DEFINITIONS may change, and statistics used to argue whether poverty is increasing or decreasing, but it makes little difference to those who experience hardship on a daily basis.

The claims by Professor John McKendrick that poverty affects one in three children in Glasgow is one which should make those in authority sit up and take notice.

Many initiatives are ongoing to alleviate child poverty and every level of government claims it is a priority and is keen to show it is taking action.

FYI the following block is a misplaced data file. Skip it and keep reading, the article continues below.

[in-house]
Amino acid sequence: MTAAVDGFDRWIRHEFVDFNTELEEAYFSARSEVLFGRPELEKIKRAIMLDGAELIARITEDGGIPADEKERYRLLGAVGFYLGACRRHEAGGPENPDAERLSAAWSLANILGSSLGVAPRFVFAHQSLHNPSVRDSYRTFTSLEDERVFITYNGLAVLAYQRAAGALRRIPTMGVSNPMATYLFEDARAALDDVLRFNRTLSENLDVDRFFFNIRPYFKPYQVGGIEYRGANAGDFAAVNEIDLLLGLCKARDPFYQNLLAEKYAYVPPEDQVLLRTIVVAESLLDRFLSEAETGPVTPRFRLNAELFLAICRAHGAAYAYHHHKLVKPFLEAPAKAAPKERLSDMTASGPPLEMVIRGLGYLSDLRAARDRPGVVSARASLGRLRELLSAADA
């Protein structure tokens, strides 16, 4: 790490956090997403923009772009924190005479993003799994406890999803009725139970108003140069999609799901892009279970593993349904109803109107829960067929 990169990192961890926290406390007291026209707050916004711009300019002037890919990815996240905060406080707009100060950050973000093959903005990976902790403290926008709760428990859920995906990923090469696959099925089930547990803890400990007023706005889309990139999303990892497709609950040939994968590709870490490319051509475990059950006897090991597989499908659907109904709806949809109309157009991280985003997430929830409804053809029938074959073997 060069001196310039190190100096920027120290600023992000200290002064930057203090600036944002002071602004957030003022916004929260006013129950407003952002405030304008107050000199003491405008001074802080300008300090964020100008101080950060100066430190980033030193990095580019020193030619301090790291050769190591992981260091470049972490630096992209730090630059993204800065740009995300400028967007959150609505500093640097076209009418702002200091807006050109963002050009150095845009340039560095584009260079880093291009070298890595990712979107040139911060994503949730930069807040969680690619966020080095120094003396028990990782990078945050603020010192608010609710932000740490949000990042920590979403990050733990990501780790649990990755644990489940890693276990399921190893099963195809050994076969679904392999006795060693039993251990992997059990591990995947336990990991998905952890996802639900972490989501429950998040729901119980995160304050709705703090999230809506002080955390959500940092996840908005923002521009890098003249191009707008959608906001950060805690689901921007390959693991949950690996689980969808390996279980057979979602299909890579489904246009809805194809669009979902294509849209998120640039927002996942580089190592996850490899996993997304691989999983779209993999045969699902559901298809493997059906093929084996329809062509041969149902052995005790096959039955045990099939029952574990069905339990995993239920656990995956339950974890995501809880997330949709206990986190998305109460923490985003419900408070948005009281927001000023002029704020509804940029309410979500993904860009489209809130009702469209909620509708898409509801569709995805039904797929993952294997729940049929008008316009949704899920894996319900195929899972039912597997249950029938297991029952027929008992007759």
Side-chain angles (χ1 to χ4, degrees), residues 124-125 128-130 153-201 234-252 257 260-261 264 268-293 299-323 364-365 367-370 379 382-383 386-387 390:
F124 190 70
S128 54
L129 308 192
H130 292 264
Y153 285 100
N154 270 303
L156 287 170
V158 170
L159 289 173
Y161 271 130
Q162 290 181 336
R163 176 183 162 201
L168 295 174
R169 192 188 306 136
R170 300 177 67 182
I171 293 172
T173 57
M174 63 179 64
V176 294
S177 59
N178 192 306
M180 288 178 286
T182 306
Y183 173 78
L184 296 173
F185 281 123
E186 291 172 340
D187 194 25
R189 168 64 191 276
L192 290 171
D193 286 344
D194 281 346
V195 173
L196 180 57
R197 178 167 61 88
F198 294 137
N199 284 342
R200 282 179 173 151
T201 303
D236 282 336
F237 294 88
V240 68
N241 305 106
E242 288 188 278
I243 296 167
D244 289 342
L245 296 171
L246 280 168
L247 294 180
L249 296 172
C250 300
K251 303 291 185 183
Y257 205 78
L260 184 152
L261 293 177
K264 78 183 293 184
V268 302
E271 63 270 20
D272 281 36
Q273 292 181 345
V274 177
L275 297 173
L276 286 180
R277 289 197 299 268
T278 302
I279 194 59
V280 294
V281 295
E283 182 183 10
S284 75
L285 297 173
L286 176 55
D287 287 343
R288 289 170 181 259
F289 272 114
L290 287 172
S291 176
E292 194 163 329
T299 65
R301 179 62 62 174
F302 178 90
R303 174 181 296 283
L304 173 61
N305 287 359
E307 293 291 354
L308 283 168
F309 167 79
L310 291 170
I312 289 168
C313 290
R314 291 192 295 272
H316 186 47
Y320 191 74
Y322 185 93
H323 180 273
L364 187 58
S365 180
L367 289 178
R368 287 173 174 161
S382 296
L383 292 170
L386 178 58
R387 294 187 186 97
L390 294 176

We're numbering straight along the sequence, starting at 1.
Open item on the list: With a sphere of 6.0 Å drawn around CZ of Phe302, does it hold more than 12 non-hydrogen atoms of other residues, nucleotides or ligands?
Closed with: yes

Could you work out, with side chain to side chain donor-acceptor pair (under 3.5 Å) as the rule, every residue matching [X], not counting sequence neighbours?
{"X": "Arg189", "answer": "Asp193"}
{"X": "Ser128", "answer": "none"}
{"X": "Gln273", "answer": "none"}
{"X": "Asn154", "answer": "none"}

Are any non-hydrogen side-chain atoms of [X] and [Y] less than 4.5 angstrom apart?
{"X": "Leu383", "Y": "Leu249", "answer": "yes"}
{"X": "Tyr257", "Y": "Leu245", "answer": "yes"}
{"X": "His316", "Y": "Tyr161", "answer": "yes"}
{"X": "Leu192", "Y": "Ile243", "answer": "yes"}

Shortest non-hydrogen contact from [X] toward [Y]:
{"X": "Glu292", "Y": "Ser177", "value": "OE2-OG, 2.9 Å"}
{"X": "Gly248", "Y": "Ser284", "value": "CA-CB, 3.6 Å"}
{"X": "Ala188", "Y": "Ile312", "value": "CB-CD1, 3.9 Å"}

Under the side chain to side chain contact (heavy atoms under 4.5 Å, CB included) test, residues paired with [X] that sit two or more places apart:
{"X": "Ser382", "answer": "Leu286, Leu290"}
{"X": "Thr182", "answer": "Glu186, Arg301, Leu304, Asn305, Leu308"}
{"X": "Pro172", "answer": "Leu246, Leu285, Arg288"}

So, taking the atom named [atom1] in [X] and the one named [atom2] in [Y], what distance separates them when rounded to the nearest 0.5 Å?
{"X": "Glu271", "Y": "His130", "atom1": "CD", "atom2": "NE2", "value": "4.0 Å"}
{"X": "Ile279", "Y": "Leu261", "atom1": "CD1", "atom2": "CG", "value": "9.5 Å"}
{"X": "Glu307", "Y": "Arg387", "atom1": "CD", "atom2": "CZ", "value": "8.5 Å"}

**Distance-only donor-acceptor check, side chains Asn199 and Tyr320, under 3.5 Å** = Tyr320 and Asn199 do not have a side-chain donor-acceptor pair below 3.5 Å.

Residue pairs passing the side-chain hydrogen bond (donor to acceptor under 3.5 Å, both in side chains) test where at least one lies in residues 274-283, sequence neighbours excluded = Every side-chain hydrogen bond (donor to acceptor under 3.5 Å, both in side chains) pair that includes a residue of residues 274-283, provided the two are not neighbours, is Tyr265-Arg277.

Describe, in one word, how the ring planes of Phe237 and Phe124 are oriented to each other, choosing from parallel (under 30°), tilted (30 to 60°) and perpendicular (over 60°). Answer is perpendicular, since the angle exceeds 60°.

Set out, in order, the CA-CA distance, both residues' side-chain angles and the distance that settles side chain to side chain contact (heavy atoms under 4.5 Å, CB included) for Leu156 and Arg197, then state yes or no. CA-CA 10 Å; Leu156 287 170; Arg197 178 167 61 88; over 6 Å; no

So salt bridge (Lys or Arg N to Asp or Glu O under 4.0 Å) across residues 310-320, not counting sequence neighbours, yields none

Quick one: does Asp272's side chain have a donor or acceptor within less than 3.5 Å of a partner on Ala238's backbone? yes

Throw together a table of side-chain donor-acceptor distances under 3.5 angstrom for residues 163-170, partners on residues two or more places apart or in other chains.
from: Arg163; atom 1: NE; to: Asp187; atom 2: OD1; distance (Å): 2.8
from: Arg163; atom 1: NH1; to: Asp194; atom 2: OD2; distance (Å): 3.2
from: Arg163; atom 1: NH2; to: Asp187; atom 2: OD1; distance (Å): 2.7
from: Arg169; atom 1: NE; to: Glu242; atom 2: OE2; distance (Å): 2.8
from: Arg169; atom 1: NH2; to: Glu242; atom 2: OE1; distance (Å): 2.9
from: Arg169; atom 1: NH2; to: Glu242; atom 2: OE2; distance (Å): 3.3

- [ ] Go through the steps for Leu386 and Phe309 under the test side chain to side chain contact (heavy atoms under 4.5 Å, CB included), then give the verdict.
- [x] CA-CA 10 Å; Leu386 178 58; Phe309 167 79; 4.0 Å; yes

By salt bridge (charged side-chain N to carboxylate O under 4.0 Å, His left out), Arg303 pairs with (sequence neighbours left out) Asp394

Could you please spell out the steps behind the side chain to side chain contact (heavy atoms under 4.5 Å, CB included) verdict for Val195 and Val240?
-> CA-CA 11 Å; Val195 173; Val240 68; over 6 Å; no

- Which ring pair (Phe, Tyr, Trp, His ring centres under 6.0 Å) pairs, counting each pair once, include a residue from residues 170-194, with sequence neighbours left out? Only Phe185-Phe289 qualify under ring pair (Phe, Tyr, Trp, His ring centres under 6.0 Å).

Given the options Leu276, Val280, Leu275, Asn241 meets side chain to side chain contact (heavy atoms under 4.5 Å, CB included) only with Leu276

There are many reasons for poverty, including education, poor health and unemployment, and they are all linked, producing a cycle of deprivation which many families and communities find hard to break.

Cuts to council services and the welfare changes will do nothing to help combat poverty and for many will have the opposite effect and make a bad situation worse.

The professor's suggestion that child poverty should be considered when decisions to cut budgets are being taken is something which should be happening now.

To make it a legal requirement might give the problem a sharper focus at a community level where the impact is felt.

Poverty is an issue that demands more attention not less in times of economic difficulty.